Calendar An icon of a desk calendar. Cancel An icon of a circle with a diagonal line across. Caret An icon of a block arrow pointing to the right. Email An icon of a paper envelope. Facebook An icon of the Facebook "f" mark. Google An icon of the Google "G" mark. Linked In An icon of the Linked In "in" mark. Logout An icon representing logout. Profile An icon that resembles human head and shoulders. Telephone An icon of a traditional telephone receiver. Tick An icon of a tick mark. Is Public An icon of a human eye and eyelashes. Is Not Public An icon of a human eye and eyelashes with a diagonal line through it. Pause Icon A two-lined pause icon for stopping interactions. Quote Mark A opening quote mark. Quote Mark A closing quote mark. Arrow An icon of an arrow. Folder An icon of a paper folder. Breaking An icon of an exclamation mark on a circular background. Camera An icon of a digital camera. Caret An icon of a caret arrow. Clock An icon of a clock face. Close An icon of the an X shape. Close Icon An icon used to represent where to interact to collapse or dismiss a component Comment An icon of a speech bubble. Comments An icon of a speech bubble, denoting user comments. Ellipsis An icon of 3 horizontal dots. Envelope An icon of a paper envelope. Facebook An icon of a facebook f logo. Camera An icon of a digital camera. Home An icon of a house. Instagram An icon of the Instagram logo. LinkedIn An icon of the LinkedIn logo. Magnifying Glass An icon of a magnifying glass. Search Icon A magnifying glass icon that is used to represent the function of searching. Menu An icon of 3 horizontal lines. Hamburger Menu Icon An icon used to represent a collapsed menu. Next An icon of an arrow pointing to the right. Notice An explanation mark centred inside a circle. Previous An icon of an arrow pointing to the left. Rating An icon of a star. Tag An icon of a tag. Twitter An icon of the Twitter logo. Video Camera An icon of a video camera shape. Speech Bubble Icon A icon displaying a speech bubble WhatsApp An icon of the WhatsApp logo. Information An icon of an information logo. Plus A mathematical 'plus' symbol. Duration An icon indicating Time. Success Tick An icon of a green tick. Success Tick Timeout An icon of a greyed out success tick. Loading Spinner An icon of a loading spinner.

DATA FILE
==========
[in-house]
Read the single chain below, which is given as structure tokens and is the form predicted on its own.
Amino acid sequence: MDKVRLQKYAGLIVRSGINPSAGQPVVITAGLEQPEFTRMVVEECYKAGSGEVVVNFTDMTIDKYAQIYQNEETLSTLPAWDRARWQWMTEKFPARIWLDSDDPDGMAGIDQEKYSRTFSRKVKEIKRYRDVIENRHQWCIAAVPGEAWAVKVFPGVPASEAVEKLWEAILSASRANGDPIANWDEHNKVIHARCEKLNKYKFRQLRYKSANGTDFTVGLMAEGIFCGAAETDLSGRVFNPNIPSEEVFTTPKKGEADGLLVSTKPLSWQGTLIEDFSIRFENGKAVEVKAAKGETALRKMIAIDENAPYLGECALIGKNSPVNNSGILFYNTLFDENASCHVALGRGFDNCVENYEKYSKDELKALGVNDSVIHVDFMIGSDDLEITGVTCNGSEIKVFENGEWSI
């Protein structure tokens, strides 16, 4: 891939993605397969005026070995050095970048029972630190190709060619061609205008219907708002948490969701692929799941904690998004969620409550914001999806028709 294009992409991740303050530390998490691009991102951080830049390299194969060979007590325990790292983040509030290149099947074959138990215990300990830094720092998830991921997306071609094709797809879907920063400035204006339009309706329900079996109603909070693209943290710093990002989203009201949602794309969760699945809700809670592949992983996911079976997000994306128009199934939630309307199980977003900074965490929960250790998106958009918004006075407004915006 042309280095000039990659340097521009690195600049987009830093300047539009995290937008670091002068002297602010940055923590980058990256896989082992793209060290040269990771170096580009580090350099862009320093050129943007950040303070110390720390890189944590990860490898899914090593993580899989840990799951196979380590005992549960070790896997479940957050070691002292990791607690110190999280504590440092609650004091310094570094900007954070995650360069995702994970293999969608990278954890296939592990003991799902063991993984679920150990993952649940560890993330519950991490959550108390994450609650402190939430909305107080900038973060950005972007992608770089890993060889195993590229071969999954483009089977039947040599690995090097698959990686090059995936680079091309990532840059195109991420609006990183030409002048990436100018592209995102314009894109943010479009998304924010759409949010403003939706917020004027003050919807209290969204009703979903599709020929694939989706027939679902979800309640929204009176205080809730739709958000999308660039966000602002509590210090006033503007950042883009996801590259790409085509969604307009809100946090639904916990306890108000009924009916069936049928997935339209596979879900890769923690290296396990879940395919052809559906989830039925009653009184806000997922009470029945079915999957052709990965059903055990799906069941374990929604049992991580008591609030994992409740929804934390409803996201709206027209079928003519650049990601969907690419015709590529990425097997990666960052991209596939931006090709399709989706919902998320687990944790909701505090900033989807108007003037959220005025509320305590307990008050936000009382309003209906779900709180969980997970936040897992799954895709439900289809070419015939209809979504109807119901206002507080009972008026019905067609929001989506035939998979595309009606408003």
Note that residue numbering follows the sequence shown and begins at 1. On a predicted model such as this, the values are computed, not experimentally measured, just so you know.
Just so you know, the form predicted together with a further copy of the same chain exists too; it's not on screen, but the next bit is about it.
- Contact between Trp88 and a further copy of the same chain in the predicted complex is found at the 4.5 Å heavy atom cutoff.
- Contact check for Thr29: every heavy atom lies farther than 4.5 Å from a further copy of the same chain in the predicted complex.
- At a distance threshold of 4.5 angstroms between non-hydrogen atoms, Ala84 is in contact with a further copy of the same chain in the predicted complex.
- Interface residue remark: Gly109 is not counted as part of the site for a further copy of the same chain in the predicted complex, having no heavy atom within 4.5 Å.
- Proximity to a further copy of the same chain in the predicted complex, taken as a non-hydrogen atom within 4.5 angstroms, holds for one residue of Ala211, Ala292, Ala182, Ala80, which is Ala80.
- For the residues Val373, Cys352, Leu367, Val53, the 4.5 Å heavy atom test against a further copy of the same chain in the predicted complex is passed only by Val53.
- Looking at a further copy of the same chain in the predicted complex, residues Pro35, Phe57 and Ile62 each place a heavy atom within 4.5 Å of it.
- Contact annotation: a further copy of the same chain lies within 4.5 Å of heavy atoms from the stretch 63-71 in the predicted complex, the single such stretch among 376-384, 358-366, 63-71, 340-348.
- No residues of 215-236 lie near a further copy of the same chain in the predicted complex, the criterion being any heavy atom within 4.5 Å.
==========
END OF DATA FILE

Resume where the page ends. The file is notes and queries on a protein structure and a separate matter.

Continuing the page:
Cervical Screening Awareness Week: Why is your smear test important?

Post Thumbnail

This week marks Cervical Screening Awareness Week, with women and people with a cervix being encouraged to have a conversation about the importance of smear tests.

Many find getting invited to their smear test a nerve-racking experience, but we’ve broken down the most frequently asked question to help ease anxieties.

What is cervical screening?

The cervical screening test (smear test) is a free health check, as part of a national screening programme. It helps prevent cervical cancer.

It is not a test for cancer, but checks for a virus called HPV which is the main cause of cervical cancer.

A sample of cells is taken from the cervix (neck of the womb) by your GP or a practice nurse and sent to a laboratory to be checked for HPV.

If nothing is found, you will be called to be checked again in five years’ time.

Why is screening important?

Dr Shantini Paranjothy, consultant in Public Health for NHS Grampian, said: “Cervical cancer is the most common cancer in women aged 25 to 34 in Scotland.

“It is a very slow-growing cancer usually without any symptoms early on.

“The test is an effective and accurate way of finding out if you’re likely to develop cervical cancer later on.”